When we next feel the urge to escalate an aid to make our horse understand us, we would do well to remember the horse Clever Hans. Hans, lived in Berlin in the early 1900s, and became famous for his remarkable intellectual abilities. Indicating the correct answer by counting out taps with his hoof (a certain numbers of taps stood for particular letters or common words), Hans was able to read, count, perform mathematical computations, tell time, demonstrate an understanding of the calendar, offer an opinion on musical pieces and even comment on the attire of his audience. Such was his fame that eventually a commission was sent from Berlin composed of scientists, doctors, a veterinarian, psychologist and a number of other professionals to discover the truth about Hans’ supernatural abilities. Perplexingly, Hans could answer correctly not only when questioned by his trainer, but also when questioned by members of the commission when his trainer was not present. It was only after months of exhaustive investigation that the secret was uncovered. Apparently, Hans was responding to minute shifts in posture made by the questioners when he had arrived at the correct number of taps. The body cue was so subtle that none of the examiners had been aware of making it, and when the commission’s lead investigator purposely tried to suppress the cue to test his hypothesis, he had a great deal of trouble doing so such that he could fool Hans. Eager for his food reward that appeared predictably upon ceasing tapping, Hans was hypervigilant for the cue that told him when he should do so.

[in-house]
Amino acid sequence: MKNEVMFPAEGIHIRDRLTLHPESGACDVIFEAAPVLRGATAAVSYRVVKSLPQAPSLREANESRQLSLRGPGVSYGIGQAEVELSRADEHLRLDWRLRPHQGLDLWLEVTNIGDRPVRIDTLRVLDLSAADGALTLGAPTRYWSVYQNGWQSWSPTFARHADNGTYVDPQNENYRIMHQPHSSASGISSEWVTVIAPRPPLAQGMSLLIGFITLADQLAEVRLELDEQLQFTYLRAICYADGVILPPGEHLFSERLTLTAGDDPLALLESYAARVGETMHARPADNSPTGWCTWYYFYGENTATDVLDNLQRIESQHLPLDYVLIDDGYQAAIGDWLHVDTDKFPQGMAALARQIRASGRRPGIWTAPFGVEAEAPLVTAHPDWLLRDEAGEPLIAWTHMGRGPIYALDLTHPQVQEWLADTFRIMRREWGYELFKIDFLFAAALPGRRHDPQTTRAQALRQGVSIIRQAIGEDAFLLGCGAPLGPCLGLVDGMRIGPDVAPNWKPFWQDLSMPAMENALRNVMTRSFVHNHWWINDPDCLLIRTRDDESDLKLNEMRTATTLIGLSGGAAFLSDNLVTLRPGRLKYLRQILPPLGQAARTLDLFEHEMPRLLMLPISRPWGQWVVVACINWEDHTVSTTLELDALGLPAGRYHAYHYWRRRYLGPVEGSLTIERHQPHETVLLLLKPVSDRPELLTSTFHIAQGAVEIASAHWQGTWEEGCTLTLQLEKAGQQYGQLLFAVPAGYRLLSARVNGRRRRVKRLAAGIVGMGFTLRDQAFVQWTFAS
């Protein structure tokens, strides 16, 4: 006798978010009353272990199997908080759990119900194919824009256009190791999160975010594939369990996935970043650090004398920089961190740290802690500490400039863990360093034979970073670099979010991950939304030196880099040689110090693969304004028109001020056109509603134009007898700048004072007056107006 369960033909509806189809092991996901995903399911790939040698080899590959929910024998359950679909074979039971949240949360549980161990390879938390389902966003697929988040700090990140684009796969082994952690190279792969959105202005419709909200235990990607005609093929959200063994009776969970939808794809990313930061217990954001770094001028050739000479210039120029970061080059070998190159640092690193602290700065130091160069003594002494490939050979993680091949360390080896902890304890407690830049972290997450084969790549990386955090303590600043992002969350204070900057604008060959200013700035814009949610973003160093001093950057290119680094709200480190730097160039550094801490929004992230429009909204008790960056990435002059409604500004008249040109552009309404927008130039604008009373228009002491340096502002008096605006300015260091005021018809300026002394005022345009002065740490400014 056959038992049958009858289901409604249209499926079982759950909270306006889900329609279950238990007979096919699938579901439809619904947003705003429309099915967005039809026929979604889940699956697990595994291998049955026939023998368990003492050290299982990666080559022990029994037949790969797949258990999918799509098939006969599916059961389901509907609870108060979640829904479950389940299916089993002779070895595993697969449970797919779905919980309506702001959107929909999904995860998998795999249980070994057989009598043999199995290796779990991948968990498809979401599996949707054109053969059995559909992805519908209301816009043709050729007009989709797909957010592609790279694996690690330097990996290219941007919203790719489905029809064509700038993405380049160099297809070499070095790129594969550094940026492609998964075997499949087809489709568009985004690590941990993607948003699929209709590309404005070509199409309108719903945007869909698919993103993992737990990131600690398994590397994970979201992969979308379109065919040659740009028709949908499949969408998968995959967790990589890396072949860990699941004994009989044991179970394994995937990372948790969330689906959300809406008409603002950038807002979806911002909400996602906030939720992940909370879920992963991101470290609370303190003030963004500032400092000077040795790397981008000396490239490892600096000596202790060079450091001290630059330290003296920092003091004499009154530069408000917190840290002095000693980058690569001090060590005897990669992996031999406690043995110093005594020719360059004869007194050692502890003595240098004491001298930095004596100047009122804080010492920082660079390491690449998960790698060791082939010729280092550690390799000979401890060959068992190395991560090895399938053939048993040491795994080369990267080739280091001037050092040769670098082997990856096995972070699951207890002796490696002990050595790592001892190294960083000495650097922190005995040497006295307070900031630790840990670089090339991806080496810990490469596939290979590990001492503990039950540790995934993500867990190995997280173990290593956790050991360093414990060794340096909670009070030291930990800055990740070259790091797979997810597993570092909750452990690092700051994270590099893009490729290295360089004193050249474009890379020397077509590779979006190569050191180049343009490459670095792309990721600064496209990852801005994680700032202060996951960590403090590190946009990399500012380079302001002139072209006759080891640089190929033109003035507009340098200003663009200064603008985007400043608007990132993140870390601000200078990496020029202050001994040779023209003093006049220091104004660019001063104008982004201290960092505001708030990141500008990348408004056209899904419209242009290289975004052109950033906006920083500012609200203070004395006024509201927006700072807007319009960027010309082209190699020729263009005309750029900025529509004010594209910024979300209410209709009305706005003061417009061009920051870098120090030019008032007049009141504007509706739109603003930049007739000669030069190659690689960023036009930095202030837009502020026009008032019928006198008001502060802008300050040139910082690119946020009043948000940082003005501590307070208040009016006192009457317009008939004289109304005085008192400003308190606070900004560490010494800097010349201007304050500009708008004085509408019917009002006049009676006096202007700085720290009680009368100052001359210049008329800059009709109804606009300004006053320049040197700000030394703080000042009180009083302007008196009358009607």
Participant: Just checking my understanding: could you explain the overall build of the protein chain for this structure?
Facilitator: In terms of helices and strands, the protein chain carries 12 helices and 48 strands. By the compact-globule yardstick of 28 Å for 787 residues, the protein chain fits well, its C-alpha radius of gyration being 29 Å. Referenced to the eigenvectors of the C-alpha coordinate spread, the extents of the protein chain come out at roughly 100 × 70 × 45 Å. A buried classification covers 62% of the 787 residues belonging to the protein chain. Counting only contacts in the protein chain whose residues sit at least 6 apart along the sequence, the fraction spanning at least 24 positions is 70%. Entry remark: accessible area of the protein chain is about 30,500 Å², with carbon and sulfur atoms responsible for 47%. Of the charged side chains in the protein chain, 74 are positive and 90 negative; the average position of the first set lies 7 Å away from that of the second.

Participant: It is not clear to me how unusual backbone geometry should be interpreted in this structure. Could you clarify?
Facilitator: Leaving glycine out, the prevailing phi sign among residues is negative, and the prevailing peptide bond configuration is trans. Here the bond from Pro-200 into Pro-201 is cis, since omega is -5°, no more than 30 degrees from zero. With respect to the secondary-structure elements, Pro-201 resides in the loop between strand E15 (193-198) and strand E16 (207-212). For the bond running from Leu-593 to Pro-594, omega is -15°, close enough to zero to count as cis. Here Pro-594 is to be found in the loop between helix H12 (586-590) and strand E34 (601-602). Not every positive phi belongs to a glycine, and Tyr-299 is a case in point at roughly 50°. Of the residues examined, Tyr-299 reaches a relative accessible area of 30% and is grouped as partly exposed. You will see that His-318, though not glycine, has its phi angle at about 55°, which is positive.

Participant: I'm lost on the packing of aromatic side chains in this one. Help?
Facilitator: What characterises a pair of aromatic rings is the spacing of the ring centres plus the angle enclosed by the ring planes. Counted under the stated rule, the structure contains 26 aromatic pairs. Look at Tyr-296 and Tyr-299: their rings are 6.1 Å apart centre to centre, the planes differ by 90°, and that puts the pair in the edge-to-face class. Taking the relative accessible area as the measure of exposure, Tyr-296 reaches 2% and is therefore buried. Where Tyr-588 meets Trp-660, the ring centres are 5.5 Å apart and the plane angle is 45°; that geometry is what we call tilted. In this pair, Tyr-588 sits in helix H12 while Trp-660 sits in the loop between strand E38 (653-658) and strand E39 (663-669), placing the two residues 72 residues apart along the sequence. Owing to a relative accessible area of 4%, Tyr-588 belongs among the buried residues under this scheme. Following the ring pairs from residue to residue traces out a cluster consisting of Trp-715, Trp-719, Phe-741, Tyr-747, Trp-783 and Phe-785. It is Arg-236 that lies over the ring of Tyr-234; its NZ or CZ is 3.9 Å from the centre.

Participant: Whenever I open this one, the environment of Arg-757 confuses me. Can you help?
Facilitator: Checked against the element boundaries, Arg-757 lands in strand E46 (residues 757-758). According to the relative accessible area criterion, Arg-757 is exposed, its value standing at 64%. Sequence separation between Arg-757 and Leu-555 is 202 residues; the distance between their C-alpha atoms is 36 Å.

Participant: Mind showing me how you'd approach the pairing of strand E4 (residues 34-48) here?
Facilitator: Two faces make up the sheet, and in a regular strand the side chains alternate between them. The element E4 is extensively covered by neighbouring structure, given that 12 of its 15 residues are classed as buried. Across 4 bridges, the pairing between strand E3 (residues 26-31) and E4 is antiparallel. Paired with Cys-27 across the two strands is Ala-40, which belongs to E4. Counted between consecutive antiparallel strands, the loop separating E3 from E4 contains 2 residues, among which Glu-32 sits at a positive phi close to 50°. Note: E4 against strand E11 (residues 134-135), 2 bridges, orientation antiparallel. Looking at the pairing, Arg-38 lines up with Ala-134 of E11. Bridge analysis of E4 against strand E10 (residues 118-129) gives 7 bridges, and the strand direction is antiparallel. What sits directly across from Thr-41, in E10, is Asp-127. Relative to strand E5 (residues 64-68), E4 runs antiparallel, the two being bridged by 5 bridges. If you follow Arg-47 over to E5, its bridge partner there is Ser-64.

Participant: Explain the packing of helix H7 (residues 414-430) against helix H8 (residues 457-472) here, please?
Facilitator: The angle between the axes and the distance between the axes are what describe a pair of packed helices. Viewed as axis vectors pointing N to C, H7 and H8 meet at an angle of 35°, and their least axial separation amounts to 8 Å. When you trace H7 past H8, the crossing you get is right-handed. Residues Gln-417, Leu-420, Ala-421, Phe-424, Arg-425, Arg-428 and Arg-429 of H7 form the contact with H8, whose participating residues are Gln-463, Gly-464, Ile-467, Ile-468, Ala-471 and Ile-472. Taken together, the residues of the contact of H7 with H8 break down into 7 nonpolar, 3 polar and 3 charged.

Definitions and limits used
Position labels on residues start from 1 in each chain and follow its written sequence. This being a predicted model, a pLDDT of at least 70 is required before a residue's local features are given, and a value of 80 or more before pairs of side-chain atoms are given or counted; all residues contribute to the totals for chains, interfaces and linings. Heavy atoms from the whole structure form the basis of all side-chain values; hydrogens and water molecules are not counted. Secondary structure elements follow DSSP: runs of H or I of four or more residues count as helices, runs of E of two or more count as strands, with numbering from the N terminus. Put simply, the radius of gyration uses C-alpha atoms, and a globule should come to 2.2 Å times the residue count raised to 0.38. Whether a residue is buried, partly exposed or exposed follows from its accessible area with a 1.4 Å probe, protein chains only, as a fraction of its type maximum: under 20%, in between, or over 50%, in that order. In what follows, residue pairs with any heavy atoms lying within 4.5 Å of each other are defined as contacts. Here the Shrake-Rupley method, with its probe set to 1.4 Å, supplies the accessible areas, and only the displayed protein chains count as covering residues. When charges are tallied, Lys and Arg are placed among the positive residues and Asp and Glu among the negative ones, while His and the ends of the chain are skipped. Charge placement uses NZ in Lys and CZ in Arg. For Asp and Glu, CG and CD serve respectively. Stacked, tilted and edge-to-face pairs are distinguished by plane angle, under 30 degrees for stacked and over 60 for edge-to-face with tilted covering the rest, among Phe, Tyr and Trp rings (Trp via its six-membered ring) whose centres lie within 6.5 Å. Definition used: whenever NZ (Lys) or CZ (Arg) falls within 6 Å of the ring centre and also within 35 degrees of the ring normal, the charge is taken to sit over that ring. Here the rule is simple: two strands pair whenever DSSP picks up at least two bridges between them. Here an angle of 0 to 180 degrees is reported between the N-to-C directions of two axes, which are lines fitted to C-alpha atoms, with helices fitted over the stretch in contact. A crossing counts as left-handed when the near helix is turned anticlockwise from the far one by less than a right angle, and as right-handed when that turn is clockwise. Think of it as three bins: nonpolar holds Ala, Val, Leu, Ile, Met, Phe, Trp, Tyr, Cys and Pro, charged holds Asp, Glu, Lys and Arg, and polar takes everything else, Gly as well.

This astute ability to read not only equine, but human body language makes horses amenable students, learning complex manoeuvres with the most subtle tightening of a rider’s leg or core muscles. It also means, that we are often inadvertently cueing them when we have no intention of doing so. As Paul McGreevy and Andrew MacLean, Australian equine researchers, note, “Just because we have not intended to train a response, does not mean that the horse will not be learning something.”